CZECH REPUBLIC - The IMF has said the proposed reform of the Czech pensions system should ease the burden on the country’s finances in the long run, but warns that the short-term impact will be hard to determine.

The reform - scheduled to come into effect in 2013 - will see the introduction of an opt-out second pillar, which will receive 3 percentage points of the social security contribution, which is currently 28% of wages.

Participants will also have to make contributions amounting to 2 percentage points of the total social security payment.

In the run-up to the introduction of the new pillar, the Czech government has increased the retirement age, reduced disability pensions and amended the first pillar, reforms the IMF welcomed as a “resolute” implementation of reform.

It said the changes had already improved the system’s sustainability “considerably”, cutting long-term deficits in the first pillar, pay-as-you-go scheme from 4-5% to 2% of GDP in 2040-2060.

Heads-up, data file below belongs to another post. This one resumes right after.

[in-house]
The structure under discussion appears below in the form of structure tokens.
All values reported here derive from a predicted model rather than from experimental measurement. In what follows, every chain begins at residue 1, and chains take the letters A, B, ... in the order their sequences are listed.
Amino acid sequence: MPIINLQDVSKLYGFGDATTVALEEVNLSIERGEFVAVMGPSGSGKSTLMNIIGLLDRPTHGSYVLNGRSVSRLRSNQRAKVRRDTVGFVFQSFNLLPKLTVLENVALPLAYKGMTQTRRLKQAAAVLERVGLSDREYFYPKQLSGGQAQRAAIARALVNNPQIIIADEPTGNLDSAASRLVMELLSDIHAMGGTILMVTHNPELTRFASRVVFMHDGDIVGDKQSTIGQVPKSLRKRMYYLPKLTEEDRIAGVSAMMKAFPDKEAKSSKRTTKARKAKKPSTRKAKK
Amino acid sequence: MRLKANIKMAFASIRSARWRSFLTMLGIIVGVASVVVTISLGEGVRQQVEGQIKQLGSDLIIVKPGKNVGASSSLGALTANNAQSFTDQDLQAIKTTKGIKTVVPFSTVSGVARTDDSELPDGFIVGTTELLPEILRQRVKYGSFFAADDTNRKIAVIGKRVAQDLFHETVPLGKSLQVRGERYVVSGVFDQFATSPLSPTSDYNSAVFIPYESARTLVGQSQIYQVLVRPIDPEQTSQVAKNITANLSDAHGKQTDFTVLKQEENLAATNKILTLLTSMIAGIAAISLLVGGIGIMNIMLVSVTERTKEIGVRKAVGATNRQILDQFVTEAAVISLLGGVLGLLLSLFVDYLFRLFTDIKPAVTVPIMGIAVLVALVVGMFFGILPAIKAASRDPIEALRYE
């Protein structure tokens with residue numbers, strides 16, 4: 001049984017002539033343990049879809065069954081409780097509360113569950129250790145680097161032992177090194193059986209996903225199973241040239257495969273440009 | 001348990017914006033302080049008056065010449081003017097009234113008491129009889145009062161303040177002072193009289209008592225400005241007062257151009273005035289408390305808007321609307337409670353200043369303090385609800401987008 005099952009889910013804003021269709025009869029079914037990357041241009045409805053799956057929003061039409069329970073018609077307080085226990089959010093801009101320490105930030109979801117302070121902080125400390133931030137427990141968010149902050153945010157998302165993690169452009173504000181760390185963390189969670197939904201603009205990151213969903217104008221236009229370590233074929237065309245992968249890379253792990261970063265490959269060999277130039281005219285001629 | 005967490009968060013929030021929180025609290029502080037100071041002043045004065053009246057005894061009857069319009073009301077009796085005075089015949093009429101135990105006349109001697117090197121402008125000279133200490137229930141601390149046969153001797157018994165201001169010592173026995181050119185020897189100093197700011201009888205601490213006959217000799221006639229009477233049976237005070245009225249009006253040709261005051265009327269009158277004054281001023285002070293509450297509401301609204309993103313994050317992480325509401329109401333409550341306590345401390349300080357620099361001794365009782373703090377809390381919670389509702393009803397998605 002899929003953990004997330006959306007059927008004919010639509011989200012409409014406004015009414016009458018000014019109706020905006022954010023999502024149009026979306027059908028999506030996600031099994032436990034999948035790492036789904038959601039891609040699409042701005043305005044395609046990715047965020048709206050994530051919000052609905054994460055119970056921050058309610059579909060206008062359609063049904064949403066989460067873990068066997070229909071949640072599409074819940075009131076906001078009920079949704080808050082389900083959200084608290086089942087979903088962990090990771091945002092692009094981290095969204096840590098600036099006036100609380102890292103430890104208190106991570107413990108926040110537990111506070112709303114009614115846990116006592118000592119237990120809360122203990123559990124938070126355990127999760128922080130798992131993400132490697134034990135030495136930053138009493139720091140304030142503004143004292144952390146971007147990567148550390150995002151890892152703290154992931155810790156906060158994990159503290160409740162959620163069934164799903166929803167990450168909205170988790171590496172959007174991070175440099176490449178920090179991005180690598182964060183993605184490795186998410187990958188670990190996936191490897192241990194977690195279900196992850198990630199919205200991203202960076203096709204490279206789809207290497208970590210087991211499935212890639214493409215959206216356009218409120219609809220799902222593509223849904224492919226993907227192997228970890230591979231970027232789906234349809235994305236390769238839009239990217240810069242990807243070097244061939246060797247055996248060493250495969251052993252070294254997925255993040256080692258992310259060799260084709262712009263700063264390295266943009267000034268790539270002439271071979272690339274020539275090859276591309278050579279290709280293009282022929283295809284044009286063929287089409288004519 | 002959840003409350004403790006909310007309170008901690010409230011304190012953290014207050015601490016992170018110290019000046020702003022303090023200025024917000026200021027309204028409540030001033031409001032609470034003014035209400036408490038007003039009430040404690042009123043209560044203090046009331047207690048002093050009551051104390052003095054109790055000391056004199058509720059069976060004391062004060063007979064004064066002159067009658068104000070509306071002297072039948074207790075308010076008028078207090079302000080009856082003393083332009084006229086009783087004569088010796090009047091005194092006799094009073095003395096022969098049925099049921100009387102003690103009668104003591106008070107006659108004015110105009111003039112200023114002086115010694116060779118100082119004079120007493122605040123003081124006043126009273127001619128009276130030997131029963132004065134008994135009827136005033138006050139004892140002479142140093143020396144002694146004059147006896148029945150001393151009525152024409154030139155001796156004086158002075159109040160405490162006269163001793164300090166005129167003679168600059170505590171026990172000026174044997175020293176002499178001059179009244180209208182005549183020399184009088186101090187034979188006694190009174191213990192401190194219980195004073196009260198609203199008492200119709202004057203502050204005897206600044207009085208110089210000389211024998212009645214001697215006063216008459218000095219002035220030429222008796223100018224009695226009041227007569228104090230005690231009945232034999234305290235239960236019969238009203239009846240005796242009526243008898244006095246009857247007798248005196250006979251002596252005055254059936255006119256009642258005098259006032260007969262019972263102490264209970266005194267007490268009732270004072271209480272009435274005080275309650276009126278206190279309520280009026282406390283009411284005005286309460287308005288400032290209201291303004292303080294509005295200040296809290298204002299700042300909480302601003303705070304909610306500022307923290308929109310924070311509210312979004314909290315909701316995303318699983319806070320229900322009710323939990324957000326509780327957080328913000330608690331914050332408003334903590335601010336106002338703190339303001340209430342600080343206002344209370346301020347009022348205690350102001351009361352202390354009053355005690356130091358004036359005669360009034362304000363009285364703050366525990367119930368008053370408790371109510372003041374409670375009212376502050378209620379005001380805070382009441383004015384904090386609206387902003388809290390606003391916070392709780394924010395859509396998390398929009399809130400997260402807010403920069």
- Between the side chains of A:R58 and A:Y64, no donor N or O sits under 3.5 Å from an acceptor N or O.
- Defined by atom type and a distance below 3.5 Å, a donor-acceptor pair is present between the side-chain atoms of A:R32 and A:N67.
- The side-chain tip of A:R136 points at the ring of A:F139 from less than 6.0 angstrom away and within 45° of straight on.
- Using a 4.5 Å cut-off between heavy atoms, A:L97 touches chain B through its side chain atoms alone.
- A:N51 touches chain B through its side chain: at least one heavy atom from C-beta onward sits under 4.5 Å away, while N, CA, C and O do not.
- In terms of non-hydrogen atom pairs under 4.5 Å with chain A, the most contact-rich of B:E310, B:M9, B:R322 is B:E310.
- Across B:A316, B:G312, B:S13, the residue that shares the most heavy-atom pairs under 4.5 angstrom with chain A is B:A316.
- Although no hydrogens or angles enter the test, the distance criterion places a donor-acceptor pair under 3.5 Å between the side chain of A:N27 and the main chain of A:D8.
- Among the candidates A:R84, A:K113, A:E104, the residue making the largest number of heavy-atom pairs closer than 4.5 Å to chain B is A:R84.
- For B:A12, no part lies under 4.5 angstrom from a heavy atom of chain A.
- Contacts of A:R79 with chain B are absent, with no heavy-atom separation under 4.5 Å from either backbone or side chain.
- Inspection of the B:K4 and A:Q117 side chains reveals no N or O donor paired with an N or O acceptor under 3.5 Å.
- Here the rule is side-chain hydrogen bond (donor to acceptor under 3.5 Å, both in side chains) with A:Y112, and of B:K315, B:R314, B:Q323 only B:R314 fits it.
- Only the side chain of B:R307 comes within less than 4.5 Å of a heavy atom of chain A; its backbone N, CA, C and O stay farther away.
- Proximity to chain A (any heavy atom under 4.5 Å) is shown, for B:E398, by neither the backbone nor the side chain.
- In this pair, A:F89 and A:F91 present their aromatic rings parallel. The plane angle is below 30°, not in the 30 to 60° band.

However, the IMF also pointed out that, if the defined contribution component of the system is introduced as planned in 2013 - with associated revenue shortfalls for the budget - the unchanged nominal targets as defined by the Excessive Deficit Procedure could suggest “an overly tight fiscal stance” that year, constituting a total structural adjustment of 0.5% of GDP.

The IMF said Czech authorities had recognised this fact, but noted the “need to weigh the short-term impact against the longer-term benefits” of instituting the second pillar - giving workers more control over their retirement plans, for example.

It estimated the cost of introducing the second pillar at more than CZK10bn (€400m) in 2013, or roughly 0.25% of GDP.

For 2014 and 2015, the revenue shortfalls will most likely amount to another CZK5bn each.

But the IMF also stressed that there was “significant uncertainty” around these estimates, as they depended on “behavioural assumptions”.